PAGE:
A bull elk.
- An example of an elk is the Kansu Red Deer.
- An example of elk is a material used to make sporting foot gear.
- moose: the common term in Europe
- ⌂ wapiti
- a light, flexible leather of cowhide or calfskin
Origin of elkME, irregular development (with -k for -ch) ; from Old English eolh, akin to German elch, Old Norse elgr ; from Germanic base an unverified form alchis ; from Indo-European base an unverified form el-, stag, hart from source Welsh elain, doe, Lithuanian élnis, Classical Greek elaphos, deer
nounpl. elk or elks
- A large reddish-brown or grayish deer (Cervus canadensis) of western North America, having long, branching antlers in the male. The elk is sometimes considered a subspecies of the closely related red deer. Also called wapiti.
- Chiefly British The moose.
- A light, pliant leather of horsehide or calfskin, tanned and finished to resemble elk hide.
Origin of elkMiddle English, the European elk or moose (Alces alces), probably alteration of Old English eolh. Word History: In British English, elk refers to the species of large deer (scientific name Alces alces) known as moose in North America. In North American English, elk refers to a completely different species of deer, Cervus canadensis, that is closely related to the red deer (Cervus elaphus) of Europe. How did this confusing situation come about? The word elk comes from Old English eolh and originally referred to A. alces. Although the animal called eolh became extinct in Great Britain before AD 1000, the English were still aware of its existence on the continent, and so the word eolh survived into Middle English as elk. By the 17th century, due to hunting and the increase in human population, the red deer had also become scarce in the southern part of England, although some were maintained on wealthy estates to be hunted for sport. The average English person would thus have had only a vague knowledge of the red deer (C. elaphus), while the elk (A. alces) would have simply been a very large deer of distant Scandinavia known only by reputation. When English settlers arrived in North America, however, they were suddenly face-to-face with two large deer species and needed words to distinguish them. Although the elk (A. alces) was abundant, settlers did not identify it with the elk of Europe. Instead, they began calling it a moose, using a word borrowed from an Algonquian language of eastern North America. This left the name elk still available, and the English settlers gave it to a large deer, C. canadensis, that resembles the red deer of Europe. To add to the confusion, C. canadensis—the animal that North Americans call elk—is sometimes considered a subspecies of the red deer (C. elaphus). In North America, therefore, the words elk and red deer are sometimes treated as synonyms, both referring to the species C. elaphus.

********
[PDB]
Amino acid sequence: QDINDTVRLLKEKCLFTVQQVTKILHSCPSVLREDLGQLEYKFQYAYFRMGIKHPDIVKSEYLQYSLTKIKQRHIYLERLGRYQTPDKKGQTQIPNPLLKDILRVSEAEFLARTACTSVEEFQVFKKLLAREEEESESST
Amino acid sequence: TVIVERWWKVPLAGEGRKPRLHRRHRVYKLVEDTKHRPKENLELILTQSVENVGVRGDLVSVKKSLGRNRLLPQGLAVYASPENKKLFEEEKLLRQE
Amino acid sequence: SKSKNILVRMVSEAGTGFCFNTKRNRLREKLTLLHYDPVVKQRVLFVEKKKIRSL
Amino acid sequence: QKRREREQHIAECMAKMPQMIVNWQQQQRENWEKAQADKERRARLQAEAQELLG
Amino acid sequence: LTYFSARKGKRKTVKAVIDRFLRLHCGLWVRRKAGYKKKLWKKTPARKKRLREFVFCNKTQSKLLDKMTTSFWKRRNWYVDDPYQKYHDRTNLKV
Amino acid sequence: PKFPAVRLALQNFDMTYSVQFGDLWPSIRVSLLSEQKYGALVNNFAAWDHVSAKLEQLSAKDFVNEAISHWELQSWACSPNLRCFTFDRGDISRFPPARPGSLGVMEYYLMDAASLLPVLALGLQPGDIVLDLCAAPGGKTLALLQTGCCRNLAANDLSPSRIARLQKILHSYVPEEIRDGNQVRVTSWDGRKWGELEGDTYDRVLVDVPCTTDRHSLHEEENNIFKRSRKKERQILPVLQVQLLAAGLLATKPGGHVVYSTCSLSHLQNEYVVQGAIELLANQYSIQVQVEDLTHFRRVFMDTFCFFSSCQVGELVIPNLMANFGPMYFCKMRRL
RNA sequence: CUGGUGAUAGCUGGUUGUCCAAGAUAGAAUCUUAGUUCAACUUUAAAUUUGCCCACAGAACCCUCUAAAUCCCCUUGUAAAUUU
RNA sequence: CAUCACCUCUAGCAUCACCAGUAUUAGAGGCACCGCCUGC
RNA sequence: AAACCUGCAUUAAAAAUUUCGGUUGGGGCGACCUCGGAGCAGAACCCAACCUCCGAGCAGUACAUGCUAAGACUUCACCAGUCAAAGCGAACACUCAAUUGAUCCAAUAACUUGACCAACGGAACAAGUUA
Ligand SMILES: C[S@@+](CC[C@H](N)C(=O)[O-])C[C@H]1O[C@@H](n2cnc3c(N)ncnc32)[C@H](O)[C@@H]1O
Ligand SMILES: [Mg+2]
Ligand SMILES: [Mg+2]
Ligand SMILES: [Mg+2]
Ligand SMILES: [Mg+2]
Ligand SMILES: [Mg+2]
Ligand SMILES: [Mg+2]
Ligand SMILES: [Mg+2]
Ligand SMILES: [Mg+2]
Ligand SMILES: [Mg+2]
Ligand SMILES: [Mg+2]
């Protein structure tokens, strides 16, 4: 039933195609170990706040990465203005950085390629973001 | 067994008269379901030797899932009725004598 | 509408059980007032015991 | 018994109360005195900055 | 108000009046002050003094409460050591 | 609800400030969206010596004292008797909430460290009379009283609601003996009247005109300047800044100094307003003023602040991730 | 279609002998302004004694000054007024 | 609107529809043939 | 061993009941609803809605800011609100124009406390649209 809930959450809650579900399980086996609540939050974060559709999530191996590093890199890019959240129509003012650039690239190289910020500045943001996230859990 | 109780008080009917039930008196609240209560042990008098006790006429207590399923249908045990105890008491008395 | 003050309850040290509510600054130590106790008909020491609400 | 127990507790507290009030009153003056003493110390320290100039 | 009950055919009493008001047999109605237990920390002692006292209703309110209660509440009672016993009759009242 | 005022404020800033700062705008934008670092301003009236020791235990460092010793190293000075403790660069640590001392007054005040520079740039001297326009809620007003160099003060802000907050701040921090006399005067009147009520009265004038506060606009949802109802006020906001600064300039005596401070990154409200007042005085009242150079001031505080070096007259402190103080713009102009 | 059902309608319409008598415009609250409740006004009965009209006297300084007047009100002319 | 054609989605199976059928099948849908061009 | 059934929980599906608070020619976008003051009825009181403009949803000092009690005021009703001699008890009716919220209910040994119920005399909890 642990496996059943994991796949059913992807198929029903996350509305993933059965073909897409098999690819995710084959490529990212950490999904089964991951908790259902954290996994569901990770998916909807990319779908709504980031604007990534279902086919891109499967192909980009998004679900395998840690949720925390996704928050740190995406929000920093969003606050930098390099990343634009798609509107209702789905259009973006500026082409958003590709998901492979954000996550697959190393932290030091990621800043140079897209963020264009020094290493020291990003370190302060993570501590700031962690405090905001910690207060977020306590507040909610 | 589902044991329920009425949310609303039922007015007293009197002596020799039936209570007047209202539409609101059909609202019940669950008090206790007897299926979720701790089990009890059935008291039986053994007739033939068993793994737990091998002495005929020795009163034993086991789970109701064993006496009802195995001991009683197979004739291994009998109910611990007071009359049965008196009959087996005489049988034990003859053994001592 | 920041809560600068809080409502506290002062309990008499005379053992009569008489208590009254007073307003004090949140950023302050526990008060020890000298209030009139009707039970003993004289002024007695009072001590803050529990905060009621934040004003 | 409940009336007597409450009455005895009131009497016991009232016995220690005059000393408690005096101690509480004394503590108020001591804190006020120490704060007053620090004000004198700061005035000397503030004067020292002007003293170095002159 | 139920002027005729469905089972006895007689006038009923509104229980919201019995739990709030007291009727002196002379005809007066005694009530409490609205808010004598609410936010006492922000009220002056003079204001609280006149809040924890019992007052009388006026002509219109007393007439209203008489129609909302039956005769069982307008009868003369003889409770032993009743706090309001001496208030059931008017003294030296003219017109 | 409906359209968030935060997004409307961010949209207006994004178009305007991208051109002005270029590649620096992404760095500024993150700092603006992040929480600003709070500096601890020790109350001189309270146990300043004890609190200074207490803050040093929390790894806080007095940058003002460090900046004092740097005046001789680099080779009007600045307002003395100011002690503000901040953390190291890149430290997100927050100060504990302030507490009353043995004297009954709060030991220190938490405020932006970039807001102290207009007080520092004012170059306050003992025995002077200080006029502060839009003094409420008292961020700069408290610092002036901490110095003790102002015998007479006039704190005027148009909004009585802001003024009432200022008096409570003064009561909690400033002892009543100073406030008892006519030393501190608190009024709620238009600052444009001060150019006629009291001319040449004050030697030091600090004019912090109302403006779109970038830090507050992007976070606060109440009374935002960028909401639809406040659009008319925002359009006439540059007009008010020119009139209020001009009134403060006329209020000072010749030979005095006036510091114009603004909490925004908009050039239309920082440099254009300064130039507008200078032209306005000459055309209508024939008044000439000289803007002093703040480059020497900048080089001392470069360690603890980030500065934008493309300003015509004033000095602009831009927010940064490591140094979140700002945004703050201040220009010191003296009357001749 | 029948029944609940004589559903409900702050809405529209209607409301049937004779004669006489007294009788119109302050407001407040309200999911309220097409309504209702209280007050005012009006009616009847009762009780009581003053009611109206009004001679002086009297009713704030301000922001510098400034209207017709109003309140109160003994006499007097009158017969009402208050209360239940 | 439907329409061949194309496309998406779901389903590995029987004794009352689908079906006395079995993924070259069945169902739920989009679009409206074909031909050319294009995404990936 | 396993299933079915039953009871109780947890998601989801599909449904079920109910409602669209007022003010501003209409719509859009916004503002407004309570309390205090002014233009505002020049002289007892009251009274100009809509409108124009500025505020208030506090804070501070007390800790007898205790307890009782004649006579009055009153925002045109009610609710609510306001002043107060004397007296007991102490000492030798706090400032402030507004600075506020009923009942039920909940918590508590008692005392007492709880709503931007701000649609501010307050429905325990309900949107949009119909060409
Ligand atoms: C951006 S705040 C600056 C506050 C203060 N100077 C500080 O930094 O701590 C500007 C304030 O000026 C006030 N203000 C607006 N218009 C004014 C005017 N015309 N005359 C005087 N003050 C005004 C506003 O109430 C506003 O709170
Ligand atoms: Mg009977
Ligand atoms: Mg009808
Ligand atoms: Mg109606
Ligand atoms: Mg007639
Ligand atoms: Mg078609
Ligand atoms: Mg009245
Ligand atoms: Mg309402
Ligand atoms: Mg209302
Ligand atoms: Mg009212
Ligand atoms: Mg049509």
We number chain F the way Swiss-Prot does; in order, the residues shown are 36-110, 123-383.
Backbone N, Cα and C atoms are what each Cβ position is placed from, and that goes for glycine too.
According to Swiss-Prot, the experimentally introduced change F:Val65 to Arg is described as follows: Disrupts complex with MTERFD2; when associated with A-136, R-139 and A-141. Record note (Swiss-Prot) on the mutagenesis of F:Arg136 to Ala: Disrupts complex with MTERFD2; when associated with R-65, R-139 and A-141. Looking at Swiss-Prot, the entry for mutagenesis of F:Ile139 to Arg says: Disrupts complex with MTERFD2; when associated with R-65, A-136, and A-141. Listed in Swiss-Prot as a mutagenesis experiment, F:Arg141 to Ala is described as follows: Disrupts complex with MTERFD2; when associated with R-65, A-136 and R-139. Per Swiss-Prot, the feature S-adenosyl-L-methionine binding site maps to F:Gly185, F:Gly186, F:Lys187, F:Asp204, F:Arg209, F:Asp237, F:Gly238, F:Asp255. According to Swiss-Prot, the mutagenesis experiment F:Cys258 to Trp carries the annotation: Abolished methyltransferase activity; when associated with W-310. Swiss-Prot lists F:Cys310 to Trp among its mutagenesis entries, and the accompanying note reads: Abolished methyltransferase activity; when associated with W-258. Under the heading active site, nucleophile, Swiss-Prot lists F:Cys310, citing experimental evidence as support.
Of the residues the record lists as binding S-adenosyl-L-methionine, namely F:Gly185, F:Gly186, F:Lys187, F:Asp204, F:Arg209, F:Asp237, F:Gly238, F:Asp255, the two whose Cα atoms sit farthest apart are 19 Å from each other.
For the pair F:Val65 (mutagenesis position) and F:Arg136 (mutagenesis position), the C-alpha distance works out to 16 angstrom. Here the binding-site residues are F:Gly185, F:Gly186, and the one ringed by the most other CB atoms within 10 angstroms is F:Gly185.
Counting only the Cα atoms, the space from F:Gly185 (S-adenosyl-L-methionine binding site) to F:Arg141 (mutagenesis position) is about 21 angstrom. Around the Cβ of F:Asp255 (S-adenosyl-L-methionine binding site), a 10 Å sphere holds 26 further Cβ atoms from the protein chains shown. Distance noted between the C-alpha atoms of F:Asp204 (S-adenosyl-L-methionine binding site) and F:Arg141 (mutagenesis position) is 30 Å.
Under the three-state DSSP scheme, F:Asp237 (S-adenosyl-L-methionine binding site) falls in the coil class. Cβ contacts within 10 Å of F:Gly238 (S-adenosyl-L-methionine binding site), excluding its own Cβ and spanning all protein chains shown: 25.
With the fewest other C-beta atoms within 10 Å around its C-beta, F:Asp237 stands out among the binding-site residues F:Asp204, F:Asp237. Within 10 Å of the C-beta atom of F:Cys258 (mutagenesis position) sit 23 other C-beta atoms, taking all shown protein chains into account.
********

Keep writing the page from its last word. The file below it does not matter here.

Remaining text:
(plural elk or elks)
From Middle English *elk, from Old English eolc, eolh (“elk”), from Proto-Germanic *elhaz, *algiz (“elk”) (compare Low German Elk, German Elch), from Proto-Indo-European *h₁élḱis, *h₁ólḱis (compare Polish łoś, Russian лось (losʹ), Sanskrit ऋष्य (ṛśya, “antelope”), variant of *h₁elh₁én (compare German Elen, Tocharian A/B yäl/ylem ‘gazelle’, Lithuanian élnis ‘stag’, Armenian եղնիկ (ełnik) ‘doe, hind’).
- (informal) An Acorn Electron computer.